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File Management Basics

Posted By On January 6, 2007 @ 1:41 AM In File & Disk Management | No Comments

File Management Basics

Thought file management was only for paper files? Then you better think again! It’s just as important to keep the files on your computer organized and up to date. Just as with paper files, the goal of computer file management is to ensure that you can find what you’re looking for quickly, even if you’re looking for it years after its creation. The file management tips below will help you to keep your files accessible so you’ll never have any trouble with them again in the future. Let’s get started!

1.) Organize by File Types

Make applications easier to find by creating a folder called “Program Files” on your hard drive. Keep all your applications there. For instance, the executables for Word, PowerPoint, Simply Accounting and WinZip would all reside in the Program Files folder. More than likely, a lot of your data will fit into this category, so prepare enough time for yourself to go through everything.

2.) One Place for All

Place all your documents in the My Documents folder and no place else. So, whether it’s a spreadsheet, a letter or a PowerPoint presentation, it can be found here. This will make it a lot easier to find what you’re looking for and to run back ups.

3.) Create Folders in My Documents

These are the drawers of your computer’s filing cabinet, so to speak. Use plain language to name your folders. You don’t want to be looking at this list of folders in the future and wondering what “TFK” (or whatever other interesting abbreviation you invented) means.

4.) Nest Folders Within Folders

Create other folders within these main folders as the need arises. For instance, a folder called “Invoices” might contain folders called “2004,” “2005” and “2006.” A folder named for a client might include the folders of “Customerdata” and “Correspondence.” The goal is to have every one of your files assigned to a specific folder, rather than having a bunch of orphan files lying around.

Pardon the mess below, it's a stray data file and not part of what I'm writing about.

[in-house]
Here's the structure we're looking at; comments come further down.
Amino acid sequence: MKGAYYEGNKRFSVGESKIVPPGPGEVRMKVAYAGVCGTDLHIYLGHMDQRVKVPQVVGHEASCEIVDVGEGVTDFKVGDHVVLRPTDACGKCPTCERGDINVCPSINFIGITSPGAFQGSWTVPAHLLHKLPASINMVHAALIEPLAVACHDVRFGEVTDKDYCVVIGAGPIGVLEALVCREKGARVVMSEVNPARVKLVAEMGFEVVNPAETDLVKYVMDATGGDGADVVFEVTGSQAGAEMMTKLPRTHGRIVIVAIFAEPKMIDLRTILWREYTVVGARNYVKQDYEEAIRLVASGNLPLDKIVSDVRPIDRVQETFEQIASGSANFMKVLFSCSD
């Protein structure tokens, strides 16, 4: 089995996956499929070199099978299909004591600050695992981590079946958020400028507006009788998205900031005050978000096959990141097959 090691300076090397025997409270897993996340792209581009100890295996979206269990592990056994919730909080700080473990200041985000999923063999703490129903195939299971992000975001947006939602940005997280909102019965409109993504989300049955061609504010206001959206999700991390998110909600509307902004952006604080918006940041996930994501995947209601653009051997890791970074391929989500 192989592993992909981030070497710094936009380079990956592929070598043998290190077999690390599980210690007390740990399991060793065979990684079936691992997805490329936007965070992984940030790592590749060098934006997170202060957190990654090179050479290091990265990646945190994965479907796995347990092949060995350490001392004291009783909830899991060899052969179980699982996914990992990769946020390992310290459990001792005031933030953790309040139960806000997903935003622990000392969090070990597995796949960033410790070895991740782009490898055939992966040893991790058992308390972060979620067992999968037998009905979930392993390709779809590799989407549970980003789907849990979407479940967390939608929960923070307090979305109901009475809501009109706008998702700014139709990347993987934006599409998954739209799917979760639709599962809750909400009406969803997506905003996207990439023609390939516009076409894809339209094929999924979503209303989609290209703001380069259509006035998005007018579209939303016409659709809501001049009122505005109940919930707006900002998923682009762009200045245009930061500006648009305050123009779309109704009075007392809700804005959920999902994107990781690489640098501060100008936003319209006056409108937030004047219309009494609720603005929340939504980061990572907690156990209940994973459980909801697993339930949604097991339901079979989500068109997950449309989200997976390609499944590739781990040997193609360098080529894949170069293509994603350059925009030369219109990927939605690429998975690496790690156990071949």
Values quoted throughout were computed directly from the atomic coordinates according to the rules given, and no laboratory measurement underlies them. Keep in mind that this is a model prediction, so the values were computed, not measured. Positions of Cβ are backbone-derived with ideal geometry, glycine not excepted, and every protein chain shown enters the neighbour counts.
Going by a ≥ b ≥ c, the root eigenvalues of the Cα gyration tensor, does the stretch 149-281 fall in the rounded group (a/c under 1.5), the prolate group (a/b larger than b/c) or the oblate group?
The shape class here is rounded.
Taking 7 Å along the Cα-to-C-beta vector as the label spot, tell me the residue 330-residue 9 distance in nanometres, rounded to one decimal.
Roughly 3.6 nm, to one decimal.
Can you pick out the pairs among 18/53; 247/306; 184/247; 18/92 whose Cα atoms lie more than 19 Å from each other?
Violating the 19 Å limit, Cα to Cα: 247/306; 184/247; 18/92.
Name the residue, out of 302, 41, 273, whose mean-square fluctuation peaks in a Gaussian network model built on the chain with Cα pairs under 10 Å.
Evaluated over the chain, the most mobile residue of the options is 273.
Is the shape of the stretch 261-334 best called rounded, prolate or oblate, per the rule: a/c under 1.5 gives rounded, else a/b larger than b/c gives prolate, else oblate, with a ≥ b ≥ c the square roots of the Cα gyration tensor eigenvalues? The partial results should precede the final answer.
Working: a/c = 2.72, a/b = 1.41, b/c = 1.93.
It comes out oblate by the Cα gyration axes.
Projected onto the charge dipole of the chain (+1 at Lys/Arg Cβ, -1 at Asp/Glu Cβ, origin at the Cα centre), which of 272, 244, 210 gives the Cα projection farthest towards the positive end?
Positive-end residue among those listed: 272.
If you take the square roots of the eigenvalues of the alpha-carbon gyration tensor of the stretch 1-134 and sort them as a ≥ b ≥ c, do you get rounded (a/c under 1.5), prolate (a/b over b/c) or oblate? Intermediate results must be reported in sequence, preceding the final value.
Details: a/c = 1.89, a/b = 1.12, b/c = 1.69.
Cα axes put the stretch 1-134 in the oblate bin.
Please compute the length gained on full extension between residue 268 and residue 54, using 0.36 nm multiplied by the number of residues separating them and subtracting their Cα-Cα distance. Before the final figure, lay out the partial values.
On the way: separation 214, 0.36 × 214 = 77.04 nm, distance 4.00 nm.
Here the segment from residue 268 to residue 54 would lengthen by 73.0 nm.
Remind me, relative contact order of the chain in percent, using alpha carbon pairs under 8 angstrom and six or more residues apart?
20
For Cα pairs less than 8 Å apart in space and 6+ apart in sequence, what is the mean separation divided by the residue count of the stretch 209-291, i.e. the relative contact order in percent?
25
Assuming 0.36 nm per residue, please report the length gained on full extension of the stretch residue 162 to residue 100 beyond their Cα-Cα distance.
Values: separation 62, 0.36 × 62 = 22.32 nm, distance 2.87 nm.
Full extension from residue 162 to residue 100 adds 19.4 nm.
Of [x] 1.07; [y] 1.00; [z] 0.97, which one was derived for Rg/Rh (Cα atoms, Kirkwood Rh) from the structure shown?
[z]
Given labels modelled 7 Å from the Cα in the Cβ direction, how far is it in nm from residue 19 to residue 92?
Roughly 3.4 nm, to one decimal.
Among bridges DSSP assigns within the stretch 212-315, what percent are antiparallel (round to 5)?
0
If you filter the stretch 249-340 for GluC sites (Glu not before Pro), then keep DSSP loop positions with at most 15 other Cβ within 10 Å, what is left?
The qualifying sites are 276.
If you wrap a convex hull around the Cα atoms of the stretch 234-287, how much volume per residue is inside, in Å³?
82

5.) Follow the File Naming Conventions

Do not use spaces in the file names, keep the file names under 27 characters and use all lower case letters. So, a file named for a client should be “jackdawson,” rather than “Jack Dawson.” If you happen to break any of these rules, at least be consistent about it.

6.) Be Specific

Give files logical, specific names and include dates in the file names if possible. The goal when naming files is to be able to tell what the file is about, without having to open it and look. So, if the document is a letter to a customer, reminding him that payment is overdue, call it something like “overdue081206,” rather than something like “letter.” How will you know who the letter is to without opening it? Well, see the next point to find out.

7.) File As You Go

The best time to file a document is when you first create it. So, get in the habit of using the Save As dialogue box to file your documents, as well as, naming it and putting it in the right place to begin with. This will help you out so much in the long run.

8.) Order Your Files for Your Convenience

If there are folders or files that you use a lot, force them to the top of the file list by renaming them with an “a,” an exclamation point (!) or an “AA” at the beginning of the file name.

9.) Cull Your Files Regularly

Sometimes what’s old is obvious, as in the example of the folder named “Invoices” above. If it’s not, keep your folders uncluttered by clearing out the old files. Do not delete business related files unless you are absolutely certain you will never need them again. Instead, in your main collection of folders under My Documents, create a folder called “Old” or “Inactive” and move old files into it when you come across them.

10.) Back Up Your Files Regularly

Whether you’re copying your files onto another drive or onto tape, it’s important to set up and follow a regular back up regimen.

The search function is a wonderful thing, but it will never match the ease of being able to go directly to a folder or file. If you follow these file management tips consistently, even if you don’t know where something is, you will know where it should be. That’s a huge advantage when it comes to finding what you’re looking for. It doesn’t get any better than that!

~ Ramachandran Kumaraswami


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